While different articles take different approaches to why the Best Buy chain failed in the UK, some foundational premises emerge. One distinct reason why Best Buy's attempt to find a foothold in the UK market fell short was because they announced their potential interest in the English market years before they actually were able to open stores to the public. Other British retailers such as Dixons and Comet time to recalibrate their approach to the British consumer.
Another reason why Best Buy faced challenge rests in a myopic vision that failed to recognizing a critical difference between its American stores and what it sought to create in England. In America, most Best Buy stores are the benefactors of large space. The warehouse layout of Best Buy in America makes it ideal for strip malls and suburbs. These are elements that define the reality of American consumer consciousness. It is not unusual for American consumers to travel to farther places in order to shop at a Best Buy. This is not the case in England, where most people who live in urban centers find space to be a challenge. Best Buy stores could not be predominantly featured in London, for example. Best Buy was forced to build its stores away from urban centers. The British consumer had to make the long travel out of their urban center to an almost rural one for electronics purchases. This did not necessarily resonate with the British consumer because traveling such a long way for a product is not something which is immediately embraced. The British consumer is not used to the warehouse approach to shopping, displaying a penchant for more localized retailers and merchants. Additionally, Best Buy was not able to convince the British consumer that the voyage to its stores was worth it. Given the convenience of online shopping and a point in which more British consumers purchase their electronics from the online avenue, Best Buy was at a considerable disadvantage.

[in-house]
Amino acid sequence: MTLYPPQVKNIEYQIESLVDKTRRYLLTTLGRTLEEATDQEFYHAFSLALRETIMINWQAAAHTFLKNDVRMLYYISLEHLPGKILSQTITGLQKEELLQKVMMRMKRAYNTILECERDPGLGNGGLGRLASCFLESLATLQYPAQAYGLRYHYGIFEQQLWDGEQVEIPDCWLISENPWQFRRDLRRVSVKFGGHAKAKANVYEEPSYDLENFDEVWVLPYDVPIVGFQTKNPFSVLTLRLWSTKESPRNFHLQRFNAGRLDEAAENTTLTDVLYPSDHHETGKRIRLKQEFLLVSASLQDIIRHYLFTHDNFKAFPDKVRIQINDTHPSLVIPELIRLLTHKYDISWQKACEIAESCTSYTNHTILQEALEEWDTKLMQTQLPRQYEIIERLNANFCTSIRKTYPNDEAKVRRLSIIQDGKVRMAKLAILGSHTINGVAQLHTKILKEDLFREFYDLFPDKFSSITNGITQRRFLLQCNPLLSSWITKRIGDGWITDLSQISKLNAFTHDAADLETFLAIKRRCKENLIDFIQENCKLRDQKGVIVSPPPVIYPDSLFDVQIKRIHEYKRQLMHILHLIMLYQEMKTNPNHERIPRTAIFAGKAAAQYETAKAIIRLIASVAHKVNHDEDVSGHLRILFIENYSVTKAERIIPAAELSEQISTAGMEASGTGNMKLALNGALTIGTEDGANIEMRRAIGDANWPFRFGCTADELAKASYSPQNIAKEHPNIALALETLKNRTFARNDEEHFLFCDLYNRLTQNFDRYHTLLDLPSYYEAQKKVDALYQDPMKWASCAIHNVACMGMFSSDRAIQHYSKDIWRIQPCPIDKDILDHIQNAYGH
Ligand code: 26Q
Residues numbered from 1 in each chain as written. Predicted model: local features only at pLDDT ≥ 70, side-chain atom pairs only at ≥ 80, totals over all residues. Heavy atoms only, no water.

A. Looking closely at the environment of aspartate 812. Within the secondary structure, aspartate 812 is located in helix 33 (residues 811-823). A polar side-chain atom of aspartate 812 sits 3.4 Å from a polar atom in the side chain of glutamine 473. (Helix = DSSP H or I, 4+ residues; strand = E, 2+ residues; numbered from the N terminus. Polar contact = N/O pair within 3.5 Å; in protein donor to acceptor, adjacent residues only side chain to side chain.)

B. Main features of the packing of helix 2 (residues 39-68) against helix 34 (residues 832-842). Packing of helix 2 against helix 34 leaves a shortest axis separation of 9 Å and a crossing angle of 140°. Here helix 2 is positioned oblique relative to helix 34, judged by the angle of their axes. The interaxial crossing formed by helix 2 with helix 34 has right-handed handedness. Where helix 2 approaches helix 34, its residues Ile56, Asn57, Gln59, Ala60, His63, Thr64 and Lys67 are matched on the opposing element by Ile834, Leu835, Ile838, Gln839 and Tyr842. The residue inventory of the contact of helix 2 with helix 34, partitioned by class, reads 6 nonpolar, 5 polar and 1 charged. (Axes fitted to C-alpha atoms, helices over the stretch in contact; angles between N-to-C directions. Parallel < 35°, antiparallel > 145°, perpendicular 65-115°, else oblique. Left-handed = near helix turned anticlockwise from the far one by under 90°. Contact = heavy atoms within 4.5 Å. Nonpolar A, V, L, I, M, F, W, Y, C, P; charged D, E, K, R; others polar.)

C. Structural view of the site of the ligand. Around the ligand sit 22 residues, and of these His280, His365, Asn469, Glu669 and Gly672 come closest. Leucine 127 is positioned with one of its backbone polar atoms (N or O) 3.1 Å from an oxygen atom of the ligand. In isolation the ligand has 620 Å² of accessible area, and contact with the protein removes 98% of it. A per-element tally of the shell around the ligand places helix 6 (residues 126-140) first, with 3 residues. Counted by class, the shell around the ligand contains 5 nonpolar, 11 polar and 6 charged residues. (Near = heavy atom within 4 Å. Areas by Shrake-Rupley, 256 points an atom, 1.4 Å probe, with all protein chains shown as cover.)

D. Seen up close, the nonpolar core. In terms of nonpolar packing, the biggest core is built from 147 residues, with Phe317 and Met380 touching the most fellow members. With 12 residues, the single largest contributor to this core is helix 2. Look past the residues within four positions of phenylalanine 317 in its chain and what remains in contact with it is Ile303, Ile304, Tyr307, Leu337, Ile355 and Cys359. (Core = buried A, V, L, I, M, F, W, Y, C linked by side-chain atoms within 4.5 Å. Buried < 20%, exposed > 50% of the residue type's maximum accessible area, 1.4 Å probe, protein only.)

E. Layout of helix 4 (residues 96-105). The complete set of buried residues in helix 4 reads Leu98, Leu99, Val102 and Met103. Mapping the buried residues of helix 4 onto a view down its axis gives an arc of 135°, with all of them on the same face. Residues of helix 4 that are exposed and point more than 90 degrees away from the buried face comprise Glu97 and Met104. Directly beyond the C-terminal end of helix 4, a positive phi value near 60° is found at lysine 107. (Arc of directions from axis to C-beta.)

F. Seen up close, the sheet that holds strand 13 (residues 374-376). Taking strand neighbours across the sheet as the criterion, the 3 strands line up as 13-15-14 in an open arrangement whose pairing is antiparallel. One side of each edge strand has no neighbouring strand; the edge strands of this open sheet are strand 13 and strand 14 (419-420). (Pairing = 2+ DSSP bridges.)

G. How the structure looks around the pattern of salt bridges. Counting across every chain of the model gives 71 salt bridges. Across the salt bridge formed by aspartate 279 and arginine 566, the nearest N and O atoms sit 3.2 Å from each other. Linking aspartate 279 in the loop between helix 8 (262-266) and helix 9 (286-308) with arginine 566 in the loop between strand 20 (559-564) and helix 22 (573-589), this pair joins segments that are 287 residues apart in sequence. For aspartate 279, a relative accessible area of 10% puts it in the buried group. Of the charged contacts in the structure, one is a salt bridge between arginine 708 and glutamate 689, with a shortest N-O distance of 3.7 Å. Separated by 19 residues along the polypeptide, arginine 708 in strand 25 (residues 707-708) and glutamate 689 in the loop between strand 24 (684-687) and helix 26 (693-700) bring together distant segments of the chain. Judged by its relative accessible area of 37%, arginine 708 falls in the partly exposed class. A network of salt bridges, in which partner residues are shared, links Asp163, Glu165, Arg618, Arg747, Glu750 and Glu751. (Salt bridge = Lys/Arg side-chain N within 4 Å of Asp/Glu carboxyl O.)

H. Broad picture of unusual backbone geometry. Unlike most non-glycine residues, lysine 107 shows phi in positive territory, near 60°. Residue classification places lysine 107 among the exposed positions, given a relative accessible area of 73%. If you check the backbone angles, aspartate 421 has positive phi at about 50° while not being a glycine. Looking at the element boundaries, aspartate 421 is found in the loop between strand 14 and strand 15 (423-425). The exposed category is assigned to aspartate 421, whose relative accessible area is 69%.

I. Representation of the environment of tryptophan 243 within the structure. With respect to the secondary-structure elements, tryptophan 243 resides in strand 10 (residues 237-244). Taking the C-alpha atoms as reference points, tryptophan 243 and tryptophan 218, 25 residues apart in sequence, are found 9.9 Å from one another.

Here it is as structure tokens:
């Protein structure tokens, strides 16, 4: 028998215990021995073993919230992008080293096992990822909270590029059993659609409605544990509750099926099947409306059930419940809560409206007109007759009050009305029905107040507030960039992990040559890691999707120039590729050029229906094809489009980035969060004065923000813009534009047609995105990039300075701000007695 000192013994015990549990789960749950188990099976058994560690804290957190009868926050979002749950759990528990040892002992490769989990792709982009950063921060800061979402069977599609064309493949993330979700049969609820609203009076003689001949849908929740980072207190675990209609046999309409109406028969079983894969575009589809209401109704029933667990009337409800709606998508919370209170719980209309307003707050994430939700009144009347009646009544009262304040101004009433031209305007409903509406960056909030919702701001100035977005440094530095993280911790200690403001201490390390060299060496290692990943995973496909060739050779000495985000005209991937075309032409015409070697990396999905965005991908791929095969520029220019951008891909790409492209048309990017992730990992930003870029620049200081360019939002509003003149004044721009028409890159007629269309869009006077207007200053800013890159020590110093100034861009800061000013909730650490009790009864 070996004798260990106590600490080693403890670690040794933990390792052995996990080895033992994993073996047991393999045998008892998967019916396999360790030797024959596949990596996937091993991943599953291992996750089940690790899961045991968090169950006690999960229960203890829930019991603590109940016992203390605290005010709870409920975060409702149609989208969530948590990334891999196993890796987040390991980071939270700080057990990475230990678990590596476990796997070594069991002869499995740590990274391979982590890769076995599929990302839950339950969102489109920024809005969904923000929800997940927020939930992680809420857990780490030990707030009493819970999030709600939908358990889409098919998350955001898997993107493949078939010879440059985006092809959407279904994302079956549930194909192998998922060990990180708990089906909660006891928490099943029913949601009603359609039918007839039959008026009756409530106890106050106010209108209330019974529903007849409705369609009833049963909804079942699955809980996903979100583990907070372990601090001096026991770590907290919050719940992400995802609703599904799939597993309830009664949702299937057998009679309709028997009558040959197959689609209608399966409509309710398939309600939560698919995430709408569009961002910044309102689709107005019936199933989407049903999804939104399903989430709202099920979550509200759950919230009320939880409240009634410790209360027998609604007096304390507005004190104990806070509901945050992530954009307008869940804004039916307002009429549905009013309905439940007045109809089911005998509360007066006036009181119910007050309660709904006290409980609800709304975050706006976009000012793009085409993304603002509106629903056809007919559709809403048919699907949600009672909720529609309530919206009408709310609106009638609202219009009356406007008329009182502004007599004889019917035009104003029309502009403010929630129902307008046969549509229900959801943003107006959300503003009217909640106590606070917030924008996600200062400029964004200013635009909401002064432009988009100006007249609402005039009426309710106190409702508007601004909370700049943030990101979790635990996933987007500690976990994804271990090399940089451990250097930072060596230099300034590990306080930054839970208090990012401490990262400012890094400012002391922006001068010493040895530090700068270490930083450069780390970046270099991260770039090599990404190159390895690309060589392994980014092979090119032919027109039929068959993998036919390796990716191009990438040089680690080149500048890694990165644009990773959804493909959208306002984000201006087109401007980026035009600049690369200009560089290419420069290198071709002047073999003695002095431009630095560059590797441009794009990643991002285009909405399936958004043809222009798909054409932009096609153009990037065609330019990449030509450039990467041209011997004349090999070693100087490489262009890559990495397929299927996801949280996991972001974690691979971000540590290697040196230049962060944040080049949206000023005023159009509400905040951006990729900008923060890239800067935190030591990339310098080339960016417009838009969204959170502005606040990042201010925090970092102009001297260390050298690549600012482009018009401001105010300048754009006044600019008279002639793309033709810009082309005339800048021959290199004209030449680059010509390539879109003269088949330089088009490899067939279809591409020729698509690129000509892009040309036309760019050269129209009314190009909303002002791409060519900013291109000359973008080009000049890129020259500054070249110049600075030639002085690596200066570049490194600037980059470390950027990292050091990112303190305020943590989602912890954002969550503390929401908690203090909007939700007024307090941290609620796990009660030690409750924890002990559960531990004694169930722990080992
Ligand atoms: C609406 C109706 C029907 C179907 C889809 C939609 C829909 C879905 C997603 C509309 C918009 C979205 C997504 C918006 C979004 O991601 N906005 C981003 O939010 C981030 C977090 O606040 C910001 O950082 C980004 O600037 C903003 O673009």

Adding to all of these formidable element was the issue of economics. The British consumer is in the midst of financial challenge. It simply does not make sense for the British consumer, filled with a level of uncertainty about their economic condition, to make large scale purchases on electronics, a perceived item of luxury. This becomes one of the most critical elements that Best Buy failed to effectively address. In an American culture where accumulation of products such as electronics is something intrinsic to the consumer's spending habits, it simply is not the same in England. Whereas Americans have no problem lining up at early hours for a discounted sale of a 70'' flat screen television, such habits are not as readily evident in England. This mentality is where Best Buy made a critical miscalculation in thinking that its approach would translate easily across the pond. These ideas become the premise as to why Best Buy failed in the UK.